A version of this appeared in the Staffordshire Sentinel this week as a letter. The spur was lots of articles moaning about the undemocratic and pointless EU, this in a place which is dying a slow and painful death while other Northern cities sort themselves out. I'm posting it mainly for the benefit of Jess, who I know is interested in these things but has decamped to the land of fried chicken
The Potteries have much to benefit from better interaction with Europe. There is an EU directive which says companies must consult with their workers before any major change. It would have made Royal Doulton's recent actions illegal, but our Government was too slow: it will not be adopted into UK law until March 2005. Another part of Stoke's heritage gone.
Other Northern cities such as Birmingham and Liverpool have been transformed, partly by EU funding and partly by the cooperation of different sections of the community who have had the ambition to take control, attract new businesses and turn their fortunes around.
Meanwhile, Stoke-on-Trent is a priority area for funding but its leaders continue to let its industrial heritage crumble. Millions of pounds are available - for getting on with regeneration instead of arguing about it. Remember the founders of the Potteries who built a world-famous industry and a superb infrastructure of canals and railways? No endless pointless roadwork schemes for them.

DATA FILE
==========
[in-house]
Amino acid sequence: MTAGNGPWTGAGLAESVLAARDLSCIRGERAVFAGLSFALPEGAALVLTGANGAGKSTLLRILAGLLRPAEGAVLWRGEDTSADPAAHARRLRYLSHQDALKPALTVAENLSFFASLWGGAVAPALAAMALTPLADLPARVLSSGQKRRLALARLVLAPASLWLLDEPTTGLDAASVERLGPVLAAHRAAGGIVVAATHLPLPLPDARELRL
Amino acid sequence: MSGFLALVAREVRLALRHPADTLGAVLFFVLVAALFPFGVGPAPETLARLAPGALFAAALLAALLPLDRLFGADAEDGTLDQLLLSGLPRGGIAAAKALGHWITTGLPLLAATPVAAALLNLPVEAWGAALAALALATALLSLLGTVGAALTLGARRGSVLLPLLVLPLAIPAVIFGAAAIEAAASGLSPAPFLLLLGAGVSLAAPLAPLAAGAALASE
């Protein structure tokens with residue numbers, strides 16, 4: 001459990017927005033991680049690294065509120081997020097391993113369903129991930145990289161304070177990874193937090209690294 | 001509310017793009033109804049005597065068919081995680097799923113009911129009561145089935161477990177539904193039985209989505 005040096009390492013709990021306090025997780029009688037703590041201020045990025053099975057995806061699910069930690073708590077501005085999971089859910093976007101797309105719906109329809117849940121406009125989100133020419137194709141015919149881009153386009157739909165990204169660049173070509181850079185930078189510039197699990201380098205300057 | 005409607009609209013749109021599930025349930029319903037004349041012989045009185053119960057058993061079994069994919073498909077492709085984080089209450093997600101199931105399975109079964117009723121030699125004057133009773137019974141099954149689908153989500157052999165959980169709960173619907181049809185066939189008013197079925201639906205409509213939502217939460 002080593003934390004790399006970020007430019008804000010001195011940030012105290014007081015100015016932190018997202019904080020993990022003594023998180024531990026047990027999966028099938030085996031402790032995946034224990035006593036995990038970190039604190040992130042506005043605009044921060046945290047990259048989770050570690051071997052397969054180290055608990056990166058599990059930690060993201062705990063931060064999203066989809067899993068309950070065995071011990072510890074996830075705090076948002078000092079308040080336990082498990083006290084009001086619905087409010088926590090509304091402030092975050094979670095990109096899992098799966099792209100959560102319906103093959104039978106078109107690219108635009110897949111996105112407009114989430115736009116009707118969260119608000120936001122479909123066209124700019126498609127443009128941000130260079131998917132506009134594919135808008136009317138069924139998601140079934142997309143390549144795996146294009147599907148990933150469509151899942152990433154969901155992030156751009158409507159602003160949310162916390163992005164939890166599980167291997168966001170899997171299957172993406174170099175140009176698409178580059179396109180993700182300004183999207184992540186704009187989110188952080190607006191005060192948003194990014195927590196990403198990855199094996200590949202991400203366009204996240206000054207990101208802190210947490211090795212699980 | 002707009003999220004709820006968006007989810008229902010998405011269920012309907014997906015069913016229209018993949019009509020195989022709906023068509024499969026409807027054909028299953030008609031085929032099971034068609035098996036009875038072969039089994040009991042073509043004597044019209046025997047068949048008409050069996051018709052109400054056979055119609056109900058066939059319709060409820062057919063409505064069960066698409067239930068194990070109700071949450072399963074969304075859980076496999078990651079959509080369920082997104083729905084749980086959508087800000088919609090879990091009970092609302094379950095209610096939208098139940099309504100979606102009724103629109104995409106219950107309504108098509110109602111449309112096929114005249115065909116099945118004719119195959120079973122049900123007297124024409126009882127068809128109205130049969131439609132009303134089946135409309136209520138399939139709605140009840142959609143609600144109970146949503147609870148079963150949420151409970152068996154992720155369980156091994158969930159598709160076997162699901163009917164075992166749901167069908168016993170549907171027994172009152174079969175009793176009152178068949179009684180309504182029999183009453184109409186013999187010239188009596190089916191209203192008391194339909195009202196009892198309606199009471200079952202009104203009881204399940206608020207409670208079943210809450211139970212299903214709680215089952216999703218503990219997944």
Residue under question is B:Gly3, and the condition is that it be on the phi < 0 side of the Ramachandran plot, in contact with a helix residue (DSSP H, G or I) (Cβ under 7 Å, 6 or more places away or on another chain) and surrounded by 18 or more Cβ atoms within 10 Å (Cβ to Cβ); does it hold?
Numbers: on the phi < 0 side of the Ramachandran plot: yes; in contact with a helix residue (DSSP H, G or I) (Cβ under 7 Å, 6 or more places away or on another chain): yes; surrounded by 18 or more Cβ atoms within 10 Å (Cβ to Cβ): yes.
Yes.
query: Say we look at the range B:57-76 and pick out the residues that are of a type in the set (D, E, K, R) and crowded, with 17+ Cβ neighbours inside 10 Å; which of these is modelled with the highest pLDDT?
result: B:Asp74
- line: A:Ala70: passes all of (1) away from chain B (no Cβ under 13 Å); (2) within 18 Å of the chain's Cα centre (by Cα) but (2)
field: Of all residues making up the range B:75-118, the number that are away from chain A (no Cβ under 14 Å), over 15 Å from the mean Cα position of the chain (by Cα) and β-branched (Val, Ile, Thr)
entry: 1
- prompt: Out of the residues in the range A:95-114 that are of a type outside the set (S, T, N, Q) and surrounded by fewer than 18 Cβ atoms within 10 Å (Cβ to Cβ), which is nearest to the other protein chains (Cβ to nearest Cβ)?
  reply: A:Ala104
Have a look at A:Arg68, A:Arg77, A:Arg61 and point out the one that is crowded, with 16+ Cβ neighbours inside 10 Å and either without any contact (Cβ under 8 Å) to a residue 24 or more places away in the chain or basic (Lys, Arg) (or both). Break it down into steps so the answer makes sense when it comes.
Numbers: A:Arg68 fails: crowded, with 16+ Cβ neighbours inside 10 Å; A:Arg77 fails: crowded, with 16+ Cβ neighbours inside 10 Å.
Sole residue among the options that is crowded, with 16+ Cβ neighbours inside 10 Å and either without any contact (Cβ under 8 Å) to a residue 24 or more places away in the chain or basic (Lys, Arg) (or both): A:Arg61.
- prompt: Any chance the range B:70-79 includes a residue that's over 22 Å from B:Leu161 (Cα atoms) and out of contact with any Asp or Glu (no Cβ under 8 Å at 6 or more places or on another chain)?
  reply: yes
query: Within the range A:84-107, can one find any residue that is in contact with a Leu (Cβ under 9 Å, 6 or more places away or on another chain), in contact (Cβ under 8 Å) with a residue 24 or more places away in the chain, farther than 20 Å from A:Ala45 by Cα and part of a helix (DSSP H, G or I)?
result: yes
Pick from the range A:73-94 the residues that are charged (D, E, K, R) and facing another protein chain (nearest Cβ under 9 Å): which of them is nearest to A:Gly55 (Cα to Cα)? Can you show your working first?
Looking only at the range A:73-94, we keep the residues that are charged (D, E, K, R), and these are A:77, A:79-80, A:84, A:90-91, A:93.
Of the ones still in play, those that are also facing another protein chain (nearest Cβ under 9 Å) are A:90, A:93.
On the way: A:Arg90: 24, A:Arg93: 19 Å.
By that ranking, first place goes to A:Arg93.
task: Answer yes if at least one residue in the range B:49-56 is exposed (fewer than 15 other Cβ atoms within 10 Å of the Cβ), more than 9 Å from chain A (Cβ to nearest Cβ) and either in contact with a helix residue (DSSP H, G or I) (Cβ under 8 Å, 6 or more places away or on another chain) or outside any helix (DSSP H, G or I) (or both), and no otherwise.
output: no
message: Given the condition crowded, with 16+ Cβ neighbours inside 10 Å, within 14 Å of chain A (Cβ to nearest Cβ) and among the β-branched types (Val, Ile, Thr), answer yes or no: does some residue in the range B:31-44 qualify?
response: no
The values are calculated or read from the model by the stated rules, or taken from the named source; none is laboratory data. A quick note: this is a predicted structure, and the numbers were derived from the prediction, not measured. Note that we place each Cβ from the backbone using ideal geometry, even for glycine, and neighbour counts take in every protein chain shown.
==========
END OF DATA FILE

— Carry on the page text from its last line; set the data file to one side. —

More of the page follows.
Today's leaders should find out exactly what the people want - more likely to be better shopping facilities than the well-meant but ill thought-out Cultural Quarter. As the mass-production potteries go to cheaper places they should support small studios, for there is still an affluent market keen to pay for genuine Potteries products; the remaining areas with kilns would make tourist attractions if cleaned up. Stoke is full of evocative reminders of its past and most of them are falling down.
Far from being undemocratic, every EU decision goes through our own government ministers and MEPs: if they do not act in our interests it is because we are not watching them closely enough. How can we when the media barely covers European politics? The elections on June 10th give us the chance to learn what the EU can offer, so use your vote and demand more action from MEPs.